Berbers in France

From Wikipedia, the free encyclopedia
Jump to: navigation, search
Berbers in France
Total population
(over 2,000,000[1][2] (1 million Kabyles [3]))
Regions with significant populations
Paris, Marseille, Lyon, Strasbourg, Lille, Bordeaux, Toulouse.
Languages
French, Berber languages
Religion
Sunni Islam
Related ethnic groups
Berbers

Berbers in France are people of Berber descent living in France. Berbers in France, who generally call themselves Amazigh and not Maghrebis, are estimated to number over 2 million people.[1][2]

Berbers and discrimination in France[edit]

In March 1990, according to a poll reported in Le Monde, 76% of those polled said that there were too many Berbers in France while 39% said they had an "aversion" to Berbers.[4] In the following years, Interior Minister Charles Pasqua was noted for dramatically toughening immigration laws.[5]

In May 2005, riots broke out between North Africans and Romani people in Perpignan, after a young North African man was shot dead and another North African man was lynched by a group of Roma.[6][7]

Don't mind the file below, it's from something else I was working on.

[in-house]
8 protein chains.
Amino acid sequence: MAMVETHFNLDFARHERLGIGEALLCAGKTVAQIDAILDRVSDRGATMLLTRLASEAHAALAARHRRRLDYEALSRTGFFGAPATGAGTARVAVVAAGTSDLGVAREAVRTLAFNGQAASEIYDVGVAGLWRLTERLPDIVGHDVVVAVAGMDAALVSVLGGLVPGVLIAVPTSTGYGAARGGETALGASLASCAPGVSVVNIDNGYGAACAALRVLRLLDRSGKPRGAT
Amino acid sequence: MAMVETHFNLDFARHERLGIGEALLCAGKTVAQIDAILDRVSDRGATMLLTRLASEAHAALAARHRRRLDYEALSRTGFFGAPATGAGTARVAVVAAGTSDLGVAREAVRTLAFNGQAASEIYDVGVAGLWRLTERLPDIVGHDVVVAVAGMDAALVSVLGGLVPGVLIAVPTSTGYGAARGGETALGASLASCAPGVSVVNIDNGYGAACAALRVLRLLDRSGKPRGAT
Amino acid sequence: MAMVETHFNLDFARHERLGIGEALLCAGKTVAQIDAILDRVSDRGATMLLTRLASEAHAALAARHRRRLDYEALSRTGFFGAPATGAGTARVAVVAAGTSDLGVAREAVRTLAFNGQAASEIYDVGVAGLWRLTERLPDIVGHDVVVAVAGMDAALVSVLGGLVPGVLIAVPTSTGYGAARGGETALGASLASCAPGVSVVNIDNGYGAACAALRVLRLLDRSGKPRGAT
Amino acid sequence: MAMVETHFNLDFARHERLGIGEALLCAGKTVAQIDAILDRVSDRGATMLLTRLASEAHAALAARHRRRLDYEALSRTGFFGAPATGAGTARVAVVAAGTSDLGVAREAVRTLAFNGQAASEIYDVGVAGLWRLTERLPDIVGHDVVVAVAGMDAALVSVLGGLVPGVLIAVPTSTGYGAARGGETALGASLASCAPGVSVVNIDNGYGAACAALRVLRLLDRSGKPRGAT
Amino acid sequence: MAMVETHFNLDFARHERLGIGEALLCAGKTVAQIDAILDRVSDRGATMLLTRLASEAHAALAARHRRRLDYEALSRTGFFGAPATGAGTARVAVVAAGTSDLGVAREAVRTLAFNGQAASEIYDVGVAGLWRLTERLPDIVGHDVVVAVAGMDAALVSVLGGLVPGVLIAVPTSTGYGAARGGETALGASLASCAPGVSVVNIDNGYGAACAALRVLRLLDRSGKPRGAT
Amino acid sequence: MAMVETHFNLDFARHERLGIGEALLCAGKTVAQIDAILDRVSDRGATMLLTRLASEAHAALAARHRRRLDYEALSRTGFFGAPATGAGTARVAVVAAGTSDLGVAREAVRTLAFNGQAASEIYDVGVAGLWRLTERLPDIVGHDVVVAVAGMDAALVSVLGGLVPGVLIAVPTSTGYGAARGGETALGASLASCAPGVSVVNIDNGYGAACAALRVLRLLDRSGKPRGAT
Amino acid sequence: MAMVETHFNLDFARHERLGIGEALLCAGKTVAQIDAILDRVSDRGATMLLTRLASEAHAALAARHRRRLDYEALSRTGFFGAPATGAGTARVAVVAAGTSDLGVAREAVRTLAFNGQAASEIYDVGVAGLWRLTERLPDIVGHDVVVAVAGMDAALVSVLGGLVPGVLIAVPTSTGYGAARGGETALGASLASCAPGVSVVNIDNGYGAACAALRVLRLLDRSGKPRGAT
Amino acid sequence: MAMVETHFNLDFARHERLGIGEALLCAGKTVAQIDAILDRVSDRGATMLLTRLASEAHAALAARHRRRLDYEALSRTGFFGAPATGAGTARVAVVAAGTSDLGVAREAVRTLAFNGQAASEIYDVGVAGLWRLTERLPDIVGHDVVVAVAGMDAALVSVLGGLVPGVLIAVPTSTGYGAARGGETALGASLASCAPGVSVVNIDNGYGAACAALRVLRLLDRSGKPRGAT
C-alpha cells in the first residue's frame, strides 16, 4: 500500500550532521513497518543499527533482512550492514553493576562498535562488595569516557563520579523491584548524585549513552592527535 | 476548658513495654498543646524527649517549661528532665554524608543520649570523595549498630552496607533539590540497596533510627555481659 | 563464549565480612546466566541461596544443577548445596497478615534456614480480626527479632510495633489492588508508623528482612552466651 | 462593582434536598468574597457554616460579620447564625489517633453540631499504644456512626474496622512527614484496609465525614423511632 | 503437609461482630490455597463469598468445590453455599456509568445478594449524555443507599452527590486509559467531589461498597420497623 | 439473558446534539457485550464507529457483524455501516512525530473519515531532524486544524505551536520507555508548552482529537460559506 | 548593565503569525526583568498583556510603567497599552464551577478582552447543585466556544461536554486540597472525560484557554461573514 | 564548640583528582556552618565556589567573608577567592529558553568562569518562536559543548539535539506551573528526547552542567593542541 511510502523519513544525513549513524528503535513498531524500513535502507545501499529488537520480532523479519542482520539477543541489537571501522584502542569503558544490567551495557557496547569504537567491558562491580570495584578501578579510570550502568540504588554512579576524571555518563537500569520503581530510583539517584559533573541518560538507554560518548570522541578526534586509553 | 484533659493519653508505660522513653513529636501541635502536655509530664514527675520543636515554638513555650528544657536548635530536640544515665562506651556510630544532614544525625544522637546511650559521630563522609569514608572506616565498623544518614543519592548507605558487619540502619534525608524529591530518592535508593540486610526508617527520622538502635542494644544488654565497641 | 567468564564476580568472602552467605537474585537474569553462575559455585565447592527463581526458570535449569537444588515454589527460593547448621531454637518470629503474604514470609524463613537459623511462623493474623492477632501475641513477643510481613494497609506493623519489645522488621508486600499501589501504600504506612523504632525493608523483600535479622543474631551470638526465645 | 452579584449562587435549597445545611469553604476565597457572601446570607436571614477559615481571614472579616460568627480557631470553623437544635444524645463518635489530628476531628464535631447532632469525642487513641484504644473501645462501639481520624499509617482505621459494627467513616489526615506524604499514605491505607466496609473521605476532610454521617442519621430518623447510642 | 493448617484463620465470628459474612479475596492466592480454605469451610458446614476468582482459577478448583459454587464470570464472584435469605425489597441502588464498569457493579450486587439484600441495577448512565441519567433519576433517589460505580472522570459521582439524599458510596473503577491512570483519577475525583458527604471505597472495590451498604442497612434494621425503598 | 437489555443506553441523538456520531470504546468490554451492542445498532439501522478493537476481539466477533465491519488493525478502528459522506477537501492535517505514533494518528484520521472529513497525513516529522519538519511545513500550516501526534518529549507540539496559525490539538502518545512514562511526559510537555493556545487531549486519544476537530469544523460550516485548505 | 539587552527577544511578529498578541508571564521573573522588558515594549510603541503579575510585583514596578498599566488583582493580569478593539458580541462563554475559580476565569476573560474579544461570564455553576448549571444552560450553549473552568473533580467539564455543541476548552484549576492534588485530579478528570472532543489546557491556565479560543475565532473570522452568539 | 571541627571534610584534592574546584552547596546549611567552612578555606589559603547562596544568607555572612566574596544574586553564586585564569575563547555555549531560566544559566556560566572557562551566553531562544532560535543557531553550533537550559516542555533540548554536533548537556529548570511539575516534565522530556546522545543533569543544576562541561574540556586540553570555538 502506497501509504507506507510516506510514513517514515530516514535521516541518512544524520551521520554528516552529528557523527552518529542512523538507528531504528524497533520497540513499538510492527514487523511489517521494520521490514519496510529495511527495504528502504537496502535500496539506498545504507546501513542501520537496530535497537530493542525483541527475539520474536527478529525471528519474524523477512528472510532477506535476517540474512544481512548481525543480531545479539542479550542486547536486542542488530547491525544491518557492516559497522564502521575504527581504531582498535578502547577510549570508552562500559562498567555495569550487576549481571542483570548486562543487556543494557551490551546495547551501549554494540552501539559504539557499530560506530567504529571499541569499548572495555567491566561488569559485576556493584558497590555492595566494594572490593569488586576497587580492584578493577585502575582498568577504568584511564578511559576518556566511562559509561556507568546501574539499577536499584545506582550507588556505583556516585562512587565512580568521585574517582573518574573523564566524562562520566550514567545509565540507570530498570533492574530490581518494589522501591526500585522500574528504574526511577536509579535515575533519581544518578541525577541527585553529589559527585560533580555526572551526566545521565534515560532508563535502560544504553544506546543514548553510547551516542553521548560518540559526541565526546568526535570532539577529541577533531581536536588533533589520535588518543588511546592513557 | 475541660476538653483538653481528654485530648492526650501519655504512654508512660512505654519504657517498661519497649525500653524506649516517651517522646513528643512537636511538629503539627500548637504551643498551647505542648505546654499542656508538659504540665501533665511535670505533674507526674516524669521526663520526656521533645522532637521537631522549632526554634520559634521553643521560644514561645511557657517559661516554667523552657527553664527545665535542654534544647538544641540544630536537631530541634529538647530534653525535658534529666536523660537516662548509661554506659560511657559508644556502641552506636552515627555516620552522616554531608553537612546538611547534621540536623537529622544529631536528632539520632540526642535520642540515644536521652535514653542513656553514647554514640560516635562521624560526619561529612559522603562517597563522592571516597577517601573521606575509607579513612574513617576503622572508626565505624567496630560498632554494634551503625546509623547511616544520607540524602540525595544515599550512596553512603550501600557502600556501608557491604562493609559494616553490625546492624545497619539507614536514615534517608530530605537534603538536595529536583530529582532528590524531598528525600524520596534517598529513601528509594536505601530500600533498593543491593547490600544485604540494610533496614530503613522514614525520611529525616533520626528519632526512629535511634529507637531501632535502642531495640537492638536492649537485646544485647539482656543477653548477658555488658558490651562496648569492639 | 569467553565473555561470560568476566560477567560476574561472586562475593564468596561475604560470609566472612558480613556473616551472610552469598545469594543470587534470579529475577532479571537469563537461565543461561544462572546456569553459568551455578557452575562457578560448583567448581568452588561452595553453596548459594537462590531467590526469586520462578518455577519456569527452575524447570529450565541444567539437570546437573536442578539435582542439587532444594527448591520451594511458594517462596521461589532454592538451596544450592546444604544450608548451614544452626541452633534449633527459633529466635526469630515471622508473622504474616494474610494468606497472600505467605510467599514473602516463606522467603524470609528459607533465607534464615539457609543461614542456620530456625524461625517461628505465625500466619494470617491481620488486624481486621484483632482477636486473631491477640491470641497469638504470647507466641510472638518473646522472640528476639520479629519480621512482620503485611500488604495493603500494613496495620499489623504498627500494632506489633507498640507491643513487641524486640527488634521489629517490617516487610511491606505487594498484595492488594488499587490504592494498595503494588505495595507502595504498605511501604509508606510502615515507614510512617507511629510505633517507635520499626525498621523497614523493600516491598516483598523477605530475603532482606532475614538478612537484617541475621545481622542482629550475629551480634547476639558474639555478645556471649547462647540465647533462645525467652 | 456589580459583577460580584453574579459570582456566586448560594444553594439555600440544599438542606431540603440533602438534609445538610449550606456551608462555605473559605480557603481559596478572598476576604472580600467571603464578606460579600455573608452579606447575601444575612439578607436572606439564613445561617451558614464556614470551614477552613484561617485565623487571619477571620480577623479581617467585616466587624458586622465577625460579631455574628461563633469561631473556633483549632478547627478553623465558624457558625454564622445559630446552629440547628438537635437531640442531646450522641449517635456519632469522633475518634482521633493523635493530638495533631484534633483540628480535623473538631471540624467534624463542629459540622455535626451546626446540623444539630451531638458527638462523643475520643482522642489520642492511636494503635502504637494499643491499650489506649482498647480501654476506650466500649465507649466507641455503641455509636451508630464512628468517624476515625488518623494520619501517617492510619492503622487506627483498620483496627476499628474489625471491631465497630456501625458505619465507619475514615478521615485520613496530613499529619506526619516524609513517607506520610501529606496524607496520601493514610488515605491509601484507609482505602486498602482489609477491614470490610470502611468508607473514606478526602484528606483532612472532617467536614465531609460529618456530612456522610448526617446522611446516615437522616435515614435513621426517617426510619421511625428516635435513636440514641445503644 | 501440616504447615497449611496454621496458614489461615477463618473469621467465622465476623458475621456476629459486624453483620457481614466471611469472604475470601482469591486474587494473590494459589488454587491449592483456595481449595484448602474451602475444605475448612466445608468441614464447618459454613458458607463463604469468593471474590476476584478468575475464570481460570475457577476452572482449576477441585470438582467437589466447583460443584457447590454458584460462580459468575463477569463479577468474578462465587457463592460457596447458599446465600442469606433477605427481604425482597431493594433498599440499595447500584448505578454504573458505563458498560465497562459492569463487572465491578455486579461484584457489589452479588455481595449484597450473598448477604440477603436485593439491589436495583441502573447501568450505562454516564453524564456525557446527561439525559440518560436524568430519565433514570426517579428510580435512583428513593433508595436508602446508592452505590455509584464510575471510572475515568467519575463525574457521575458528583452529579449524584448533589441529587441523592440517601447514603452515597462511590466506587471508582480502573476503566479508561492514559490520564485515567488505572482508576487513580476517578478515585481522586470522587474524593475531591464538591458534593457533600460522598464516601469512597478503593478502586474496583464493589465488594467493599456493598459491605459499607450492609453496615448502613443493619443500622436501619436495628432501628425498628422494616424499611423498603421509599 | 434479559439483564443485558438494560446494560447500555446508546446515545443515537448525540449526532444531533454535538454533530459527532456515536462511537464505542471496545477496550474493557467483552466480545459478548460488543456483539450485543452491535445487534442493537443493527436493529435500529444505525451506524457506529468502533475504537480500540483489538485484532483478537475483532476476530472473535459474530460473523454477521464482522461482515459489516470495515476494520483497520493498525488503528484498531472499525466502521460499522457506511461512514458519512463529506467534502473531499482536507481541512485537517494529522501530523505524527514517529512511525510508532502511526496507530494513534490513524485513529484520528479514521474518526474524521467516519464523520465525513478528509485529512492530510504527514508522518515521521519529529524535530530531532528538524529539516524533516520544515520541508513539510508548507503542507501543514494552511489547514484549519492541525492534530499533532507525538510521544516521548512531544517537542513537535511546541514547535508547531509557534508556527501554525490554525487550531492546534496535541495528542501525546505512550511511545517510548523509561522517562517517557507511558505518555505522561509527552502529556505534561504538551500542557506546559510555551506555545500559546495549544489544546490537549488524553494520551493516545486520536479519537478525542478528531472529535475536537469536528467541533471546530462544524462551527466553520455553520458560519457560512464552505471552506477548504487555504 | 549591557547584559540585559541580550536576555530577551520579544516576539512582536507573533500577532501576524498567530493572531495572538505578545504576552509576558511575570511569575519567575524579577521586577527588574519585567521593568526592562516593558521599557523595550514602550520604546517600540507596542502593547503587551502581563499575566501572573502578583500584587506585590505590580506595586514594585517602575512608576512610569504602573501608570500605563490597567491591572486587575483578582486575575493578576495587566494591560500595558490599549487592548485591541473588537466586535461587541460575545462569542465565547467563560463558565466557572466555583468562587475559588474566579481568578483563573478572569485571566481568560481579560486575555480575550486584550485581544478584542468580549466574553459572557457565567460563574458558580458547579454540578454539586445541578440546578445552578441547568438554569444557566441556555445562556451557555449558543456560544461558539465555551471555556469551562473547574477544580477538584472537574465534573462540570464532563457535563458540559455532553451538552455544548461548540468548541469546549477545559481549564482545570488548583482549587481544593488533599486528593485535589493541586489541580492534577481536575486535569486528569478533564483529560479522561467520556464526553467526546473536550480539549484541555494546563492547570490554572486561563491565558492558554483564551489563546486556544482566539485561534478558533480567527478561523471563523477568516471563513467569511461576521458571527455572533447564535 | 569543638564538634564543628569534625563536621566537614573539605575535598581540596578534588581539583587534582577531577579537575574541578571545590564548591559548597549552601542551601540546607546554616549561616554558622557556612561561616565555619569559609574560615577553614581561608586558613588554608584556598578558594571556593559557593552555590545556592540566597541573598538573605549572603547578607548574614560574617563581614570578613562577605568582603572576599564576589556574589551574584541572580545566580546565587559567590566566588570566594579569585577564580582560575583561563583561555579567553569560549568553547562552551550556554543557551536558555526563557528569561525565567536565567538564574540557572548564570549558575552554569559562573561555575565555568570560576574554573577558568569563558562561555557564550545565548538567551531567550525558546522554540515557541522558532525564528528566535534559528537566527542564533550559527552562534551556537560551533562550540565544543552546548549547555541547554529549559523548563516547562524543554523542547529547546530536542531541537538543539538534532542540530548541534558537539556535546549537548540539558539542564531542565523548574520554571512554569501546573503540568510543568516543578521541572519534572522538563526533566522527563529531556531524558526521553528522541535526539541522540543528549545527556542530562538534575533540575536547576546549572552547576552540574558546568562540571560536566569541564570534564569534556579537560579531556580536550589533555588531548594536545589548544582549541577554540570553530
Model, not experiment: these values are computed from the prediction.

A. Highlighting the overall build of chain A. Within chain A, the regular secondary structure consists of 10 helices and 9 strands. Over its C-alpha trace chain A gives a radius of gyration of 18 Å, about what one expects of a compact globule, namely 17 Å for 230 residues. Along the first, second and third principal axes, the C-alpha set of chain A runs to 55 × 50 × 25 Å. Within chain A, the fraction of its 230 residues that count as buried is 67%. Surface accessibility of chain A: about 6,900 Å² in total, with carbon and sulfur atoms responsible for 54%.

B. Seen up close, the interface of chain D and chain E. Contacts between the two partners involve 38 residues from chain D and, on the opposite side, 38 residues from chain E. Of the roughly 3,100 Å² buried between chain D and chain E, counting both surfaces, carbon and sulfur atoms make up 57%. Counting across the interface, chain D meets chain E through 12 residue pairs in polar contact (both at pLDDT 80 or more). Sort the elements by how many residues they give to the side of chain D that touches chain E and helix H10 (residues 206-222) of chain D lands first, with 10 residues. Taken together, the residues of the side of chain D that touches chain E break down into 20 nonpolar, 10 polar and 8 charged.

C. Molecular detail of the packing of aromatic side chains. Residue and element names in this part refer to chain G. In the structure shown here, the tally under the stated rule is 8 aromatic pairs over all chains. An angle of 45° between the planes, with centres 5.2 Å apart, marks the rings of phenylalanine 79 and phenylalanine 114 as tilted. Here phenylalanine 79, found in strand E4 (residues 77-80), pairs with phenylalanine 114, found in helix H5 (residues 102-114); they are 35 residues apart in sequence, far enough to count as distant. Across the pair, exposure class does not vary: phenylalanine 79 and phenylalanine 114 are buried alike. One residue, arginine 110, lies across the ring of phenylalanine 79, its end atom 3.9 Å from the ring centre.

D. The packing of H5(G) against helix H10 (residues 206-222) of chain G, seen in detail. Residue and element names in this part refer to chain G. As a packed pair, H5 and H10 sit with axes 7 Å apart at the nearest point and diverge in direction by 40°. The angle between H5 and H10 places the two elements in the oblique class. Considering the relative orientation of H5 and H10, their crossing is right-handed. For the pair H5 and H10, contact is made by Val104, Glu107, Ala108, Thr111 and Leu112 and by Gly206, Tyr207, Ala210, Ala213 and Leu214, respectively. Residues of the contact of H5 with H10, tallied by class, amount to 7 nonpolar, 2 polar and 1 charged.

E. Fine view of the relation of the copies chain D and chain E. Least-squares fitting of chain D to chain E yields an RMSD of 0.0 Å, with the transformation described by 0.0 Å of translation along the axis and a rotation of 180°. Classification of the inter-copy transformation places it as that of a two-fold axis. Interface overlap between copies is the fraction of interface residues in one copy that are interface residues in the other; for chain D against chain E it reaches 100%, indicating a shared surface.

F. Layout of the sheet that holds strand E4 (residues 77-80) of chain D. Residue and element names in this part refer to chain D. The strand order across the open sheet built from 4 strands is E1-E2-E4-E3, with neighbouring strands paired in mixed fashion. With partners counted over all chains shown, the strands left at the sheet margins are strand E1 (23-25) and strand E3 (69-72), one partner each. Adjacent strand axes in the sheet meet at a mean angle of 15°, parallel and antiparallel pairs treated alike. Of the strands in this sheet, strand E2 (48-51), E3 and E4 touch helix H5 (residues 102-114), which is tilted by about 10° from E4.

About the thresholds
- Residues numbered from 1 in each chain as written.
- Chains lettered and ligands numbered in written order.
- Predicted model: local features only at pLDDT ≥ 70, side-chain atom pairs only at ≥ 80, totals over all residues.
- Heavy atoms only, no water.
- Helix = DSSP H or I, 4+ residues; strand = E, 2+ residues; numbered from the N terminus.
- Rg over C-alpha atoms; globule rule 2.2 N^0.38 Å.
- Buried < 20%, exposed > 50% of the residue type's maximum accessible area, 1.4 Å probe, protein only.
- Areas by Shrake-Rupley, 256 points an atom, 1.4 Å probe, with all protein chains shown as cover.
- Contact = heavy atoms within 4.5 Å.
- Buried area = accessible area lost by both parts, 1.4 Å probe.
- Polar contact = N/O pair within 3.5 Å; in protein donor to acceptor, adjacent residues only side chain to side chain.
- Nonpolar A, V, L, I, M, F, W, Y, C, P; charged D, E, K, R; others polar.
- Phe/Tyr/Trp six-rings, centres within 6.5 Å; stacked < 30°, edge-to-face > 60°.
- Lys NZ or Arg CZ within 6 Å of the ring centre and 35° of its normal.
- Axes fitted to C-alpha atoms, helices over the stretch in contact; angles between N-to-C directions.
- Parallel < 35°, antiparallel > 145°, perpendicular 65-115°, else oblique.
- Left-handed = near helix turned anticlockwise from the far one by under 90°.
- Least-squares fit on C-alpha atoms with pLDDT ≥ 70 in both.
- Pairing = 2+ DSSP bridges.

The "Hijab ban" law, presented as secularization of schools, and supported by all major parties in the French parliament, as well as many feminists,[8] was interpreted by its critics as an "indirect legitimization of anti-Muslim stereotypes, fostering rather than preventing racism."[5]

In 2010, a poll found that 28 percent of French people think that Berbers are "more likely to commit crimes than members of other ethnic groups".[9]

Notable people[edit]

Zinedine Zidane 2008.jpg
Saïd Taghmaoui Cannes.jpg
Karim Benzema Euro 2012.jpg
Arkoun.jpg
Bayrou Bercy 2007-04-18 n21.jpg
Samy Naceri 2000.jpg
Jacques Villeret Césars 1999.jpg
Sami Bouajila 2012.jpg
Portrait Najat Vallaud-Belkacem-crop.jpg
Samiaghali.jpg
Fadela Amara IMG 0248.jpg
Yebda2.jpg

Entertainment[edit]

Cinema
Music

Sports[edit]

Politics[edit]

Journalism[edit]

Writer[edit]

See also[edit]

References[edit]

  1. ^ a b Yazid Sabeg et Laurence Méhaignerie, Les oubliés de l'égalité des chances, Institut Montaigne, 2004
  2. ^ a b Pour une histoire sociale du berbère en France, Salem Shaker, Inalco, 2004
  3. ^ http://www.centrederechercheberbere.fr/kabyle.html
  4. ^ Dwyer, Katherine (1997). "France's New Nazis: The Resistible Rise of Jean-Marie LePen". International Socialist Review (2). ISSN 0020-8744. 
  5. ^ a b Hamilton, Kimberly; Simon, Patrick; Veniard, Clara (November 2004). "The Challenge of French Diversity". Migration Policy Institute. Retrieved 2009-06-26. 
  6. ^ "'Race killing' sparks French riot". BBC News. 30 May 2005. Retrieved 2009-06-26. 
  7. ^ Rowling, Megan (June 6, 2005). "French riots borne of mutual exclusion". Al Jazeera. Archived from the original on January 18, 2008. Retrieved 2009-06-26. 
  8. ^ Alex Duval Smith: France divided as headscarf ban is set to become law The Guardian, February 1, 2013
  9. ^ "French admit they are racist". Telegraph. May 2010. Retrieved 29 October 2012.